It’s November 1944 – six months after the Allies have invaded France and pushed the German forces back – and a detachment of British artillery men are dug in not far from the Belgian capital, Brussels. Then, suddenly, the soldiers see an American Flying Fortress apparently heading straight for them. Has the pilot lost his mind?
We’ll come back to that rogue Flying Fortress. But first let’s take a look at how aircraft shaped the Second World War. Of course, planes had first played a significant role during World War One. The military use of air power was in its infancy then, however; aerial warfare really came of age in WWII.
In particular, the Germans showed how air power could be effectively used as part of their blitzkrieg tactics. A notable example came when the Wehrmacht overwhelmed Belgium and France in 1940, as the key Battle of Sedan saw the German forces concentrate their air power to crush opposition.
The Battle of Sedan started on May 12, 1940. The inciting attack was part of the German plan to surround the French and British forces that were advancing eastward through northern France and Belgium. And the assault on the French city of Sedan would form one arm of the encirclement by cutting into the dense forests of the Ardennes and heading north towards the English Channel.
After taking Sedan without a fight, the Germans then faced the major obstacle of the Meuse River and the heavily defended area around it. These formidable French defenses were almost four miles deep. What’s more, there were in excess of 100 robustly built pillboxes sited on high ground overlooking the river valley.
It was at this point that the power of the German air force, the Luftwaffe, came into play. The Nazis proceeded to unleash the most powerful aerial bombing campaign seen in the world to date; in fact, the Luftwaffe would not mount such a large-scale air attack again in the remaining years of WWII.
Two German dive bomber squadrons attacked the French defenses no fewer than 300 times. During the entirety of the battle, nine detachments of bombers completed close to 4,000 missions. The initial attack from the air continued without respite for eight hours. And the screaming Junkers Ju 87 dive bombers – better known as Stukas – wreaked havoc.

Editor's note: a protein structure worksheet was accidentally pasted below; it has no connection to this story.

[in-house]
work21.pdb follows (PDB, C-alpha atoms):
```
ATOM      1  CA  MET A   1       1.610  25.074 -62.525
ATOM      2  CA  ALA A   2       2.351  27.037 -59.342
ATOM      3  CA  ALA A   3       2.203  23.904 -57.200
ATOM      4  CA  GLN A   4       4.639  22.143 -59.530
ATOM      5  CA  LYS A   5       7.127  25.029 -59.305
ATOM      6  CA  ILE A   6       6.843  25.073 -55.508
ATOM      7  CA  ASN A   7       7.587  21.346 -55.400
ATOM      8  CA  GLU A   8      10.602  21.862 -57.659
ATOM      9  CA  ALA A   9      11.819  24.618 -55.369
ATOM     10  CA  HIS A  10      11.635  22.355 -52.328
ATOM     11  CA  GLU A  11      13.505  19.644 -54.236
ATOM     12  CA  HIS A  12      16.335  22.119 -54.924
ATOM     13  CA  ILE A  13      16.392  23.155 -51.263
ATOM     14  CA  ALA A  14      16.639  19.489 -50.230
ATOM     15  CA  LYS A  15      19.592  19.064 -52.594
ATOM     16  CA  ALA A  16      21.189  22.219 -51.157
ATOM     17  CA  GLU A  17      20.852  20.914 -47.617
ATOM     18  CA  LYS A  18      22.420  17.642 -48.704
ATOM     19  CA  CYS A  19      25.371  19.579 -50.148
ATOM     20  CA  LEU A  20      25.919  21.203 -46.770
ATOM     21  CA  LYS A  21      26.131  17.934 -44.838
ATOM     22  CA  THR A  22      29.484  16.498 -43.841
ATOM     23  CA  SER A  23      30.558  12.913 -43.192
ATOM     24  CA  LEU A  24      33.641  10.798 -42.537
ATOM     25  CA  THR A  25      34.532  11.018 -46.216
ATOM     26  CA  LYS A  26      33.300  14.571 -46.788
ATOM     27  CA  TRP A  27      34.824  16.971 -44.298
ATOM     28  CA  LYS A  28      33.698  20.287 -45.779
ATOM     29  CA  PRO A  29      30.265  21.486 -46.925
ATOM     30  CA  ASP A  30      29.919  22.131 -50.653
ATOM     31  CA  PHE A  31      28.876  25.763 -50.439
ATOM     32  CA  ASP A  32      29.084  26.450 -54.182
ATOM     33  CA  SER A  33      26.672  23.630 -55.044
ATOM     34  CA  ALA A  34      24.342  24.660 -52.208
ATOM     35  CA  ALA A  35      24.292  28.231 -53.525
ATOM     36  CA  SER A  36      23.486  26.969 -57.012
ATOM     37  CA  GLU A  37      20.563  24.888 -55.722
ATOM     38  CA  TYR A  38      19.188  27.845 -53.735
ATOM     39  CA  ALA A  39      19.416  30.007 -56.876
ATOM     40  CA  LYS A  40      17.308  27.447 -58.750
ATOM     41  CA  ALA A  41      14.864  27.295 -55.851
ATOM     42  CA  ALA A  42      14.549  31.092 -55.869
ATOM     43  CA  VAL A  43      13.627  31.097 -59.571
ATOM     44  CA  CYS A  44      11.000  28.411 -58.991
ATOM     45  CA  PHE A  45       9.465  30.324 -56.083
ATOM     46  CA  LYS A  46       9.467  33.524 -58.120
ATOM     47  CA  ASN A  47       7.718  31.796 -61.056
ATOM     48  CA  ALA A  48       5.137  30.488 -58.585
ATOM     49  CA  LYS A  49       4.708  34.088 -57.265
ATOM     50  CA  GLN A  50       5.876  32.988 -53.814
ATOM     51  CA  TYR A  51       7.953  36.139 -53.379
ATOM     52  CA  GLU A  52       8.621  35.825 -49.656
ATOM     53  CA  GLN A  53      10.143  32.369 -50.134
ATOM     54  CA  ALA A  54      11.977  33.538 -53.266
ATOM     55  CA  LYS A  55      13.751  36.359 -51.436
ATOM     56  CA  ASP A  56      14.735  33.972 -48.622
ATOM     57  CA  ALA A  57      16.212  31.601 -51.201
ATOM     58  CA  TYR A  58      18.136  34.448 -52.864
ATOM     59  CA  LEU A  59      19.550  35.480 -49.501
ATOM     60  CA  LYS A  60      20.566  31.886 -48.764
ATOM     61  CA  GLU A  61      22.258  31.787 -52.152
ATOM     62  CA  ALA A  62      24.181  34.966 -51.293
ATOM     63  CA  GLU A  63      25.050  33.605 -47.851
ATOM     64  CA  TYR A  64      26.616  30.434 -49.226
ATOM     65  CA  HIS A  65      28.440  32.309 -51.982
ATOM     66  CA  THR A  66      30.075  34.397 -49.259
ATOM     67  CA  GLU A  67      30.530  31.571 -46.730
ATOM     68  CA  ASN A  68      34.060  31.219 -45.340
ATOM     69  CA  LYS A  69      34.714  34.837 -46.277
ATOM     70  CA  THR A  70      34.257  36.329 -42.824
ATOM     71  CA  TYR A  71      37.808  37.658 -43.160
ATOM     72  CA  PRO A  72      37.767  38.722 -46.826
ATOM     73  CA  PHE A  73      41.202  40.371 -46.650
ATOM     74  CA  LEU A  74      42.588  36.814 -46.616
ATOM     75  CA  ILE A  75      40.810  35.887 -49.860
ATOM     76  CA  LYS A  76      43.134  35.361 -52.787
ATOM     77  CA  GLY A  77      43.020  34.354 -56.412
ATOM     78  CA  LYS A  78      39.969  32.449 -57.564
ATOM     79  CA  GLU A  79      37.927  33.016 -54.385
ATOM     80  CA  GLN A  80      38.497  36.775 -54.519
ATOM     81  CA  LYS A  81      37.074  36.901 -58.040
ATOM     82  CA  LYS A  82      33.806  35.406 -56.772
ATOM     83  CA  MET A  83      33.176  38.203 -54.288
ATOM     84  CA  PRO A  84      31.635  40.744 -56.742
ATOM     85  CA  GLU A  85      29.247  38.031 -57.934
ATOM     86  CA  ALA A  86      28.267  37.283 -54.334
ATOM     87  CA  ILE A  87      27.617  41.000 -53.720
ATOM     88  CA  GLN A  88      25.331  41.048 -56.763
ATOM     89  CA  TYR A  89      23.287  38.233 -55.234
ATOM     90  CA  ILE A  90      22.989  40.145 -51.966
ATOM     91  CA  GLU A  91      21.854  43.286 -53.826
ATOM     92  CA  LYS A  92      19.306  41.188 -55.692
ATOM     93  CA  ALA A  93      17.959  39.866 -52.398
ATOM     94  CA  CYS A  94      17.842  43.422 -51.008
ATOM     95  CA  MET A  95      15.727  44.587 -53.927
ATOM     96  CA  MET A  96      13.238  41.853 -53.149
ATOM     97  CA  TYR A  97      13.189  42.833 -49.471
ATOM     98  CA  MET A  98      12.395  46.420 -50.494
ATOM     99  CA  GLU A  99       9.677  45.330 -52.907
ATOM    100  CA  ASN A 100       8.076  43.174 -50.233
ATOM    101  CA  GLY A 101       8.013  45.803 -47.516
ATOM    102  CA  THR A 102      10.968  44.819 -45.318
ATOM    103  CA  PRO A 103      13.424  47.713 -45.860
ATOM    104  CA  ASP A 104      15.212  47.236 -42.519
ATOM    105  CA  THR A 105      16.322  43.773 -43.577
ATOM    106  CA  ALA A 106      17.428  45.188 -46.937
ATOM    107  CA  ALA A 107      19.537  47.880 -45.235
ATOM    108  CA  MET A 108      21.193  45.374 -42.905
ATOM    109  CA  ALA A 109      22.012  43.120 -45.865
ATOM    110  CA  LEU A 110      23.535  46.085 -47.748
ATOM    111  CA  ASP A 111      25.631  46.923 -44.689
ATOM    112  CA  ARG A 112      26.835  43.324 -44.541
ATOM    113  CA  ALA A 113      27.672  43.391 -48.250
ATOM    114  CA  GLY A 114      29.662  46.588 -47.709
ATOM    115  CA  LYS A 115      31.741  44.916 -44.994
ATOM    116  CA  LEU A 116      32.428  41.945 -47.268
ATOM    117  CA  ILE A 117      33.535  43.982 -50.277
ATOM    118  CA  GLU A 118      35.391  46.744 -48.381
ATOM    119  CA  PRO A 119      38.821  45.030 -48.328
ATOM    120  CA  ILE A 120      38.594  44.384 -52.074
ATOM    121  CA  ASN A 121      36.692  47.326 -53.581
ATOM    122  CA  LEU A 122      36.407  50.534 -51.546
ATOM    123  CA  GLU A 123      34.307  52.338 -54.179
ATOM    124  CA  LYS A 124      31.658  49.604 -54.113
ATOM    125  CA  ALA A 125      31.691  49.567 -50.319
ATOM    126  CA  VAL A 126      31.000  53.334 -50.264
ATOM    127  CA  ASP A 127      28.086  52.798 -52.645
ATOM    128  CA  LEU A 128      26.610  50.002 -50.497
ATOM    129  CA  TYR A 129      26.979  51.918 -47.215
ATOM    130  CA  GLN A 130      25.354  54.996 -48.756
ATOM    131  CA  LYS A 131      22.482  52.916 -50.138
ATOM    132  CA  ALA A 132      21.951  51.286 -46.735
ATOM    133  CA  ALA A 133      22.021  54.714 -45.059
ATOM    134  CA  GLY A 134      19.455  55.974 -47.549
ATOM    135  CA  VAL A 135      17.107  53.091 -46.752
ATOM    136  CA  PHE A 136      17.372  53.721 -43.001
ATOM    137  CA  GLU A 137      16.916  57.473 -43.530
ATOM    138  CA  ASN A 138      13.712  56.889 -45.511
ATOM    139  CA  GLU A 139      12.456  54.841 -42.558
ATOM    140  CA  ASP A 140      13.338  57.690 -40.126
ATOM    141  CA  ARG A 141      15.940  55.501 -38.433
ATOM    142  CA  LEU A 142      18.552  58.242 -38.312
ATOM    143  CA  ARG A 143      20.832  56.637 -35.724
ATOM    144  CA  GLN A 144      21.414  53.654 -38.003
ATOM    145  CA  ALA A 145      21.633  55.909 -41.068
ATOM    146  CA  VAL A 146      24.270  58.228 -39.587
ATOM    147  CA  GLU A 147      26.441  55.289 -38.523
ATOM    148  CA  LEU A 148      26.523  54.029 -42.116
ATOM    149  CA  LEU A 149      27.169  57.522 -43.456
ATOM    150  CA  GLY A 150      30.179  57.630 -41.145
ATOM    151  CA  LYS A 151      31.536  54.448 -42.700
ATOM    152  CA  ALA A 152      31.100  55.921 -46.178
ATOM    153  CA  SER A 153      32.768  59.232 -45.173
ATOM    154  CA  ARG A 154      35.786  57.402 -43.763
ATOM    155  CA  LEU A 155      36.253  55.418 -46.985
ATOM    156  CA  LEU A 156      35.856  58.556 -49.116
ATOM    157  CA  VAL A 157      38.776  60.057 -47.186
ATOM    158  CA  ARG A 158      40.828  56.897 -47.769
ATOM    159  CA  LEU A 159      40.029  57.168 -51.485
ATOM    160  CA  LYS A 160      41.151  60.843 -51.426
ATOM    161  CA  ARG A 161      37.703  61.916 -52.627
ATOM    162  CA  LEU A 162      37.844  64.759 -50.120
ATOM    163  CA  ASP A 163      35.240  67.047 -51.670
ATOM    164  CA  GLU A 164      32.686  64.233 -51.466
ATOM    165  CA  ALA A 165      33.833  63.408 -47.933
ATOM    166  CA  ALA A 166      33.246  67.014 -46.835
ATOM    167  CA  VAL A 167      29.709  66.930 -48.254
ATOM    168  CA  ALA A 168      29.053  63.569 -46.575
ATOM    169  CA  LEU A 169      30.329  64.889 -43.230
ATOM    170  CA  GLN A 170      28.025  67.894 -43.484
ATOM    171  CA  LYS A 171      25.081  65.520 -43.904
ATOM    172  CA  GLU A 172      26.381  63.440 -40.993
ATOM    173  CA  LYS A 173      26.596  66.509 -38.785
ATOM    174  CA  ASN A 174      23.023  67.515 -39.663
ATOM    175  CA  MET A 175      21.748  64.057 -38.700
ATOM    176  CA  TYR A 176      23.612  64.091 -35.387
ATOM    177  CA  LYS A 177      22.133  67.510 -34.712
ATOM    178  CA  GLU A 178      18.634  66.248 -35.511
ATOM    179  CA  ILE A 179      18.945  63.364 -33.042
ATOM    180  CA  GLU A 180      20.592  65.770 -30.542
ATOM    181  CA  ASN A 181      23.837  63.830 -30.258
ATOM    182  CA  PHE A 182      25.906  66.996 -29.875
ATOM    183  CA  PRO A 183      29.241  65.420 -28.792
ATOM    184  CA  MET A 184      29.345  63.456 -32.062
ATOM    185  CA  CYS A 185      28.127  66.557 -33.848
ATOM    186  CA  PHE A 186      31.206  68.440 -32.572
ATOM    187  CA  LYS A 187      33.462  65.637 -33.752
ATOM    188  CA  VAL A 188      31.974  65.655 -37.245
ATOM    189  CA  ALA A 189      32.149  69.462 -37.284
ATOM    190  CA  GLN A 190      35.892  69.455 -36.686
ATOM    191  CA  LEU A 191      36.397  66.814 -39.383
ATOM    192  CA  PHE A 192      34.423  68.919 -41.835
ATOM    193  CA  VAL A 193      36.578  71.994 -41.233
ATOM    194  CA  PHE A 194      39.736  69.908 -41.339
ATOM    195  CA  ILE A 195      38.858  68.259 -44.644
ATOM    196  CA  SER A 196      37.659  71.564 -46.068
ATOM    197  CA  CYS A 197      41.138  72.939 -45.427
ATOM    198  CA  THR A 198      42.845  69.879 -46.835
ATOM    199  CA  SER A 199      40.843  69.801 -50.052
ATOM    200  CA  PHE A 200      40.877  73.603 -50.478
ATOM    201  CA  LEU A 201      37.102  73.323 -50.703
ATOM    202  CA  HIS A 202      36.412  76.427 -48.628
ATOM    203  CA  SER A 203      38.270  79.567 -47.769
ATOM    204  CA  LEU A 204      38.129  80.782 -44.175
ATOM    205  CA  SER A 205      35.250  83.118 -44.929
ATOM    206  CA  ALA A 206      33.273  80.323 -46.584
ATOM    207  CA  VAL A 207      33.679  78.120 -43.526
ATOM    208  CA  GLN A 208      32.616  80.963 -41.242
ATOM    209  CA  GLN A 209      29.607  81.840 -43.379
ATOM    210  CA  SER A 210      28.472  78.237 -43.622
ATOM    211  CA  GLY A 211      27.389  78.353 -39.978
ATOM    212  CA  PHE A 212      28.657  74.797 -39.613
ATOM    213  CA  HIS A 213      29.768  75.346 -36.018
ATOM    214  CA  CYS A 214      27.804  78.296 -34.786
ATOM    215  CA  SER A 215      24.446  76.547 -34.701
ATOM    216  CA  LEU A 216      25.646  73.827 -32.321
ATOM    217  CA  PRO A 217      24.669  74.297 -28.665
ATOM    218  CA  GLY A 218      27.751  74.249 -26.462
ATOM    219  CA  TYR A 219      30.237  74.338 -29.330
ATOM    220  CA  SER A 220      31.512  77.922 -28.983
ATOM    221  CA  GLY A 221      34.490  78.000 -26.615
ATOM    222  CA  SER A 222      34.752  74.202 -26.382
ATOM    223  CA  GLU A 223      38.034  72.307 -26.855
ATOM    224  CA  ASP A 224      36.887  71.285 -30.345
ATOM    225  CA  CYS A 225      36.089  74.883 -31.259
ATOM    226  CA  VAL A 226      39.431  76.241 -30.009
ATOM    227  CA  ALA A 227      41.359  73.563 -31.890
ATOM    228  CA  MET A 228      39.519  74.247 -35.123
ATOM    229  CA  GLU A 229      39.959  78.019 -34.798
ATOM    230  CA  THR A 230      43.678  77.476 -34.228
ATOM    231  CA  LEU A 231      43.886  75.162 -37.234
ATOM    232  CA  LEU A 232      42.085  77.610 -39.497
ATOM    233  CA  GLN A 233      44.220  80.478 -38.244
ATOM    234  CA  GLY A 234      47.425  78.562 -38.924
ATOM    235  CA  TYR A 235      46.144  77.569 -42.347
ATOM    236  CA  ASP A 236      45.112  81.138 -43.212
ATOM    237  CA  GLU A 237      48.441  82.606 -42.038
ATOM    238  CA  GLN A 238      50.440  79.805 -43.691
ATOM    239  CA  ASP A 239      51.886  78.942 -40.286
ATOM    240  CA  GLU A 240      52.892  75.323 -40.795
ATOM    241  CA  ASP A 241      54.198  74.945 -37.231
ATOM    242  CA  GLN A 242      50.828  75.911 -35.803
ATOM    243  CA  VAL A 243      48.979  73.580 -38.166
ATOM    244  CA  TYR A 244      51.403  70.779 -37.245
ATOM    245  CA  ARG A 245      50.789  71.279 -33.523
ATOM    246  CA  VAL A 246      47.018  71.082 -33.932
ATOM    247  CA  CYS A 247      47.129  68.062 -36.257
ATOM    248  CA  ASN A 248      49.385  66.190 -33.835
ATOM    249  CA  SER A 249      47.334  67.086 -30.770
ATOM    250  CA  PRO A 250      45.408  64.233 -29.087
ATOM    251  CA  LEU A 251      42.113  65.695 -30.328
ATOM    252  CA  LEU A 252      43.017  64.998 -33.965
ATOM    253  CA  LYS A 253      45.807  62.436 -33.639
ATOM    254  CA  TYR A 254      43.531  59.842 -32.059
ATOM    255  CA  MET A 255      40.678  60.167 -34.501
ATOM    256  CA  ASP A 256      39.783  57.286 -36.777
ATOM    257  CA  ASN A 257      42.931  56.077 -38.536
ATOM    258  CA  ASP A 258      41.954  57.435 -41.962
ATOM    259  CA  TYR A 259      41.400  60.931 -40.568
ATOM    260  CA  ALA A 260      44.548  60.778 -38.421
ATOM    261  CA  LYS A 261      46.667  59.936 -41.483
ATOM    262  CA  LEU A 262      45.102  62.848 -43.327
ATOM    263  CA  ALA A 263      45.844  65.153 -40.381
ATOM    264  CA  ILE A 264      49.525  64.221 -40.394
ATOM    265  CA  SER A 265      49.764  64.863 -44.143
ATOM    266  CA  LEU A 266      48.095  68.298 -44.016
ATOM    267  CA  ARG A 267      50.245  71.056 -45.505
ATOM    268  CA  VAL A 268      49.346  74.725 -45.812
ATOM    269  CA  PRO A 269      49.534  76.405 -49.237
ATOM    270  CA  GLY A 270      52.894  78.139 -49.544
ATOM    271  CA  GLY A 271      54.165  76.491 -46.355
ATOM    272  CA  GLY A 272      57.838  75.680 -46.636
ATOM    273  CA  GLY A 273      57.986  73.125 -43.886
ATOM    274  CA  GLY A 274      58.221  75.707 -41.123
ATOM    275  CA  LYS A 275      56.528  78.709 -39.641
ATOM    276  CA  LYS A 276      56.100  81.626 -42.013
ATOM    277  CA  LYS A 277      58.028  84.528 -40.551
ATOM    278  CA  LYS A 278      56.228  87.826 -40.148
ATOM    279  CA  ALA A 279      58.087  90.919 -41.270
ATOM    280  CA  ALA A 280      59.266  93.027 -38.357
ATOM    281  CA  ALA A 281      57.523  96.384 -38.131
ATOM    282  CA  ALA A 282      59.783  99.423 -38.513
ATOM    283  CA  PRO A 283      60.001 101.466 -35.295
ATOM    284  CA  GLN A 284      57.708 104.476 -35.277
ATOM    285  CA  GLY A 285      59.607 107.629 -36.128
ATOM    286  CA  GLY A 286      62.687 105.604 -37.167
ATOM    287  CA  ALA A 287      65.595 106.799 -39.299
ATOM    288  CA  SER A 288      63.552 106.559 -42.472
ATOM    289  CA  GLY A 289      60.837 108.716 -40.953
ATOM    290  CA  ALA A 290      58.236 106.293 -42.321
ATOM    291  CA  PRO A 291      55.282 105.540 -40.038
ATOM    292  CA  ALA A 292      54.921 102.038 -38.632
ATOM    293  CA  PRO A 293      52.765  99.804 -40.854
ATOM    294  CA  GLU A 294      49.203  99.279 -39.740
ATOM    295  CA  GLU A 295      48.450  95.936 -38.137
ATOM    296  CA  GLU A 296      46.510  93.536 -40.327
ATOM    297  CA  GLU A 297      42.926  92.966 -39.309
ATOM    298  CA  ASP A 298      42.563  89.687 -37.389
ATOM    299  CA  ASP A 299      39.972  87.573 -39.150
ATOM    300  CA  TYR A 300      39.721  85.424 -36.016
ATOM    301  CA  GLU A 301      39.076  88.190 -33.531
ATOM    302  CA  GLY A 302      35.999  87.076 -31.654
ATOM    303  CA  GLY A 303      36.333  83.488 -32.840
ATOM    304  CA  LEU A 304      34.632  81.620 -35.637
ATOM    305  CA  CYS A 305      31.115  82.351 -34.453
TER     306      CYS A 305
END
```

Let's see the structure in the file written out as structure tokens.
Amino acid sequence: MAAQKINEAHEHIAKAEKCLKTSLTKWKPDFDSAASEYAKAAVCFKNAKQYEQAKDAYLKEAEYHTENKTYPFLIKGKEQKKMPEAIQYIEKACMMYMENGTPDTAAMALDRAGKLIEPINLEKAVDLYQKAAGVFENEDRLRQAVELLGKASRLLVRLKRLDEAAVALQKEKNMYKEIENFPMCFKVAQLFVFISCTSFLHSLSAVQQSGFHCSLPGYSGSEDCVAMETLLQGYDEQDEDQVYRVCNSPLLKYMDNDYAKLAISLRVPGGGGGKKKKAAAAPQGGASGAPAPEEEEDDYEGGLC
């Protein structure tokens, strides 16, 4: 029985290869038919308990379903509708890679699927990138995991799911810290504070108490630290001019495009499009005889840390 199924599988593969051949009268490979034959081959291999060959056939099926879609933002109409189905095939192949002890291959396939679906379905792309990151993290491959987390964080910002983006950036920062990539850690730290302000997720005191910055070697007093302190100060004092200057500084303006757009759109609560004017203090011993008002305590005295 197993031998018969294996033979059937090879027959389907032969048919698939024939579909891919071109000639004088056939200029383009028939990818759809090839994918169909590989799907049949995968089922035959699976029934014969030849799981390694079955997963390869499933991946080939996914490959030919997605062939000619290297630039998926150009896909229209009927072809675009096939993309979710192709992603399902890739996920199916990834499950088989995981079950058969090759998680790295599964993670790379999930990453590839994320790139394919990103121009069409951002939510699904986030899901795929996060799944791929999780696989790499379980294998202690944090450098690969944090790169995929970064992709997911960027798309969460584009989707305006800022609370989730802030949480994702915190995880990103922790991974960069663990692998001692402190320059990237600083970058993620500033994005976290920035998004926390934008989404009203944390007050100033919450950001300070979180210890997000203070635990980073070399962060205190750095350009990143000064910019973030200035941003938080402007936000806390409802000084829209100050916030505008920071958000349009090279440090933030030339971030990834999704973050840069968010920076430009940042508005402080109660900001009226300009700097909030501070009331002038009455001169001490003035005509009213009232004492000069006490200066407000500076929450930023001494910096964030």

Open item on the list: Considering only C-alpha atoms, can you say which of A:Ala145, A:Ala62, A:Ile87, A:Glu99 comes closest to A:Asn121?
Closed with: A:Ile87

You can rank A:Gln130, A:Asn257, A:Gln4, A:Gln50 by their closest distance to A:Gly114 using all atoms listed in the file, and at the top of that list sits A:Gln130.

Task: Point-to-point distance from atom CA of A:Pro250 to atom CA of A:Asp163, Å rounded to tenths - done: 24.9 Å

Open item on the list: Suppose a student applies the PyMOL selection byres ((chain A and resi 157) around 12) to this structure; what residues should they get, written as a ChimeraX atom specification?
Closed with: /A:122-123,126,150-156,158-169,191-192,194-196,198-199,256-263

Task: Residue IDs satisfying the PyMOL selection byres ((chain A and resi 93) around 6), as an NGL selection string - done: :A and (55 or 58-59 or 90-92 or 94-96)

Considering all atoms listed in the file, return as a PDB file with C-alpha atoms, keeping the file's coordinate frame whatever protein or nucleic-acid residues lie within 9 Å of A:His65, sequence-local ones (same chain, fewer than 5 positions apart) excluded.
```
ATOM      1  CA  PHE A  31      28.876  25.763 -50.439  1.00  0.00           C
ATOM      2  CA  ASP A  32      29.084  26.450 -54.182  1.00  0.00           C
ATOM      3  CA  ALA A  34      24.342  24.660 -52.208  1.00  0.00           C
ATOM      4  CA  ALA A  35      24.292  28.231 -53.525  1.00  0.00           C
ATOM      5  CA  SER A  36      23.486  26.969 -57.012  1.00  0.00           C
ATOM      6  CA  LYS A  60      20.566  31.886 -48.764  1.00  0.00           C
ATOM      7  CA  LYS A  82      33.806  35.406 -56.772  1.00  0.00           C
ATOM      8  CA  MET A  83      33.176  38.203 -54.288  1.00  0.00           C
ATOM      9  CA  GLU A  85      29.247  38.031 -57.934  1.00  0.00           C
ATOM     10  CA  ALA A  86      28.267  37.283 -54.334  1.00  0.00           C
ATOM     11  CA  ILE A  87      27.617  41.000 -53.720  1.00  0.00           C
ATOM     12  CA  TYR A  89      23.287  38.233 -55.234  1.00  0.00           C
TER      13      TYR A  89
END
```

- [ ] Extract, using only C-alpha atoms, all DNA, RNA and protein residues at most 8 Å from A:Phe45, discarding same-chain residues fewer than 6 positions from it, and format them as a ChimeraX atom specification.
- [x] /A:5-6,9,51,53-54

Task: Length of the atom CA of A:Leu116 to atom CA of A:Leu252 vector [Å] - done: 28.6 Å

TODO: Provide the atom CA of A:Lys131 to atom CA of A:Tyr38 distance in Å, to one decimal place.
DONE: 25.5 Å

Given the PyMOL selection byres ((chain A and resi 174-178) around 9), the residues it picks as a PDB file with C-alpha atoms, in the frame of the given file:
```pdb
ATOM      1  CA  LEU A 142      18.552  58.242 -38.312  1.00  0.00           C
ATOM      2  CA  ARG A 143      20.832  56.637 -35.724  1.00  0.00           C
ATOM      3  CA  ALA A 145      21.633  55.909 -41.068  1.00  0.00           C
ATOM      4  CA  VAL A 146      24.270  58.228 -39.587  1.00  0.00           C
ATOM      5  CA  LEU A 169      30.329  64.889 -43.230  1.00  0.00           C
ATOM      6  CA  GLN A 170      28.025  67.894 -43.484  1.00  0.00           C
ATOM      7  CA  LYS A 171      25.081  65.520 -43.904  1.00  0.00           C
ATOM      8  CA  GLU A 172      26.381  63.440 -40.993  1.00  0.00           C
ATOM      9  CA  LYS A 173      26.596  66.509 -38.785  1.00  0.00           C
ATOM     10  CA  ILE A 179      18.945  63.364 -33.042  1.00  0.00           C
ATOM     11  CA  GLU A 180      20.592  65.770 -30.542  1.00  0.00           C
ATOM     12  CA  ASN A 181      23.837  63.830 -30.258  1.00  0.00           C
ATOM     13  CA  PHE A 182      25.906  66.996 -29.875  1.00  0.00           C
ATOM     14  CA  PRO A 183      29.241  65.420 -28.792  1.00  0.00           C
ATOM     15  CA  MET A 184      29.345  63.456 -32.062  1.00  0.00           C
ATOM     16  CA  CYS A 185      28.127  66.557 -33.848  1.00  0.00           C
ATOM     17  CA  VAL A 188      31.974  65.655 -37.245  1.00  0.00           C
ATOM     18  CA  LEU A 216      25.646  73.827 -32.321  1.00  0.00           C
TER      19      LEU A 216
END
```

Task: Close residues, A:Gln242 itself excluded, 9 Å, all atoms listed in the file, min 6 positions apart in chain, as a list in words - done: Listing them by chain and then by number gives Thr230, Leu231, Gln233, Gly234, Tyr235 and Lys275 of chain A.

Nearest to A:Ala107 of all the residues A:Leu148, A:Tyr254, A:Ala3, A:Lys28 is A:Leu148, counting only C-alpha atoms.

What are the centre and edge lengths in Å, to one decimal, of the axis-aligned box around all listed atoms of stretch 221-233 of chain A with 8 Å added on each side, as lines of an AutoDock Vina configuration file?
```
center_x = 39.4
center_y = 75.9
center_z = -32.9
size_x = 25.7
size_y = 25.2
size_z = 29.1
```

These Stukas were formidable aerial war machines that had first seen action in 1937 in support of Franco’s fascist forces during the Spanish Civil War. The planes stood out thanks to their angled wings and fixed undercarriages fitted with teardrop-shaped fairings. Subsequently, the aircraft became symbols of Nazi airpower.
To add to the terror that they induced, the Stukas possessed sirens on their undercarriages. The high-pitched screams that these devices generated as the planes dived into their bombing trajectories were part of the soundtrack of the German blitzkrieg. And in the early part of the war, the German blitzkrieg – or lightning attack – seemed unstoppable.
During the four-day Battle of Sedan, it was certainly true that the French defenses were completely unable to halt the rapid advance of the German army. And with the formidable support of the massed planes of the Luftwaffe, the Nazis swept aside the French troops. By midnight on the first day of the Sedan attack, the German infantry had advanced five miles through the French defenses, in fact.